There is an educational institution near Calcutta where the students—most from well-to-do, middle-class families—wear spotless white dhotis, bathe in outside stalls and start their day with meditational chanting while monks in saffron conduct classes. It is easy to fit the world of Saikat Majumdar’s novel into its walls, the rituals, the drapes, the subduing of the flesh and the discipline. Though whether its swamis are scented with cardamom is debatable.
Simmering tensions are revealed as the boys watch an India-Pakistan cricket match with an ear cocked for the reactions in the Muslim village outside the gates. Another kind of tension also comes to the fore, Anirvan’s feelings for Kajol, and the challenge is to keep their relationship secret in the atmosphere of saffron and incense through idyllic activities like plucking puja flowers together. Of course, it is a boarding school packed with raging hormones, so much of the reactions and expletives are expected—not to mention outbreaks of violence both on the disciplinary and rebellious front.
Majumdar has created a dialectic for this world where the spiritual guides rejoice in appellations like the Happy Bearded Smiling One, while the masters rejoice in names like Kamal Swami or Lotus Lord. Sado-masochism rubs shoulders with sensuality. The Lotus Swami slips fingers inside shirts, hopefully expecting the mind to transcend all sensation while the Love Lord flogs and then feeds those he adores. Krishna, say the Swamis, expects those he loves to suffer. Between the erotic and the sensory lies a thin border and sometimes in The Scent of God, it is hard to tell where one begINS and the other ends.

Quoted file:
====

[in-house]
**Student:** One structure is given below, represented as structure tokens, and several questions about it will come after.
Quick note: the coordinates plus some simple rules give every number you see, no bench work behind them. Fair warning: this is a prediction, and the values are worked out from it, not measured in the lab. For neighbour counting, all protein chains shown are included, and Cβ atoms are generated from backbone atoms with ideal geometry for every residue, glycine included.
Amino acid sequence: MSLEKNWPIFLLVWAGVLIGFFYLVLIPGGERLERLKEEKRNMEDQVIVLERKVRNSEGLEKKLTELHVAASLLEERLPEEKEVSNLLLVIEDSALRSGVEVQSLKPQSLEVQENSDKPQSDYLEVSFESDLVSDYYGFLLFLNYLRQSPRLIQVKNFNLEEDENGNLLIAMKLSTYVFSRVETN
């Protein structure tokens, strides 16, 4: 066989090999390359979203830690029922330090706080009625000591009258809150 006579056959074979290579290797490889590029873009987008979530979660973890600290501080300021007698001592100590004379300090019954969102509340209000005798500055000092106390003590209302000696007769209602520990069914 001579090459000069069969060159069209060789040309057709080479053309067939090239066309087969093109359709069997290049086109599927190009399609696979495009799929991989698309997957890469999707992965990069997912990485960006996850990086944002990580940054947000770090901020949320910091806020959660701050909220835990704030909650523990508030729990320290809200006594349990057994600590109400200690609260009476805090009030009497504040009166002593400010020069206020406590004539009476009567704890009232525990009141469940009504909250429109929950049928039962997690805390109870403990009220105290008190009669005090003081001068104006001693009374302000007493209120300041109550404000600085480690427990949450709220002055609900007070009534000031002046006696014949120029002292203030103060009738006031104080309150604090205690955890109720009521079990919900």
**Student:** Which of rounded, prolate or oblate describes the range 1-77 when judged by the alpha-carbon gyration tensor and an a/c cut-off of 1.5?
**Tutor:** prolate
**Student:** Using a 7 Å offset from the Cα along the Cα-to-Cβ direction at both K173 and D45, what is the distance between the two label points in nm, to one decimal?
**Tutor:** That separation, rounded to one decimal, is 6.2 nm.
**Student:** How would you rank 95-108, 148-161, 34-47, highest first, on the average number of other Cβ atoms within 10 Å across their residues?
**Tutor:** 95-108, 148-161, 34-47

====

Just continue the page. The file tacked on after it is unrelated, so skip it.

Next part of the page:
Anirvan rejoices in the pseudonym Yogi given to him by Kajol, the name of someone lost supposedly in the mind, but actually in the seduction of exteriority and the shower room experiences of boys’ schools that will be familiar to many boarders. The English master SK and his friend, Raghav, try to rip the saffron veil apart with harsh reality. Through them Anirvan discovers the seething, roaring world of true poverty that squats on rusty railroad tracks outside city limits. Like any college boy he toys with activism but is haunted by his school days of privilege disguised as renunciation.
Saffron is truly the opium of the favoured, to paraphrase Marx. Coming of age is garbed in its hue as Anirvan becomes Yogi, yearning to lose himself in the comforts of confession and Kajol’s arms. The question is, is saffron an escape from reality? Or is it an overwhelming maya? In the present context it is hard to mention the rites of religion without evoking the political scenario and Majumdar has used this to his narrative’s advantage. One day, Majumdar writes quite ominously near the end of the book, ‘All will turn saffron’.
The cover image sets the tone of a butterfly-fragile world of touch swathed in saffron. This is one book that you can definitely judge by its cover and by the tide of current events.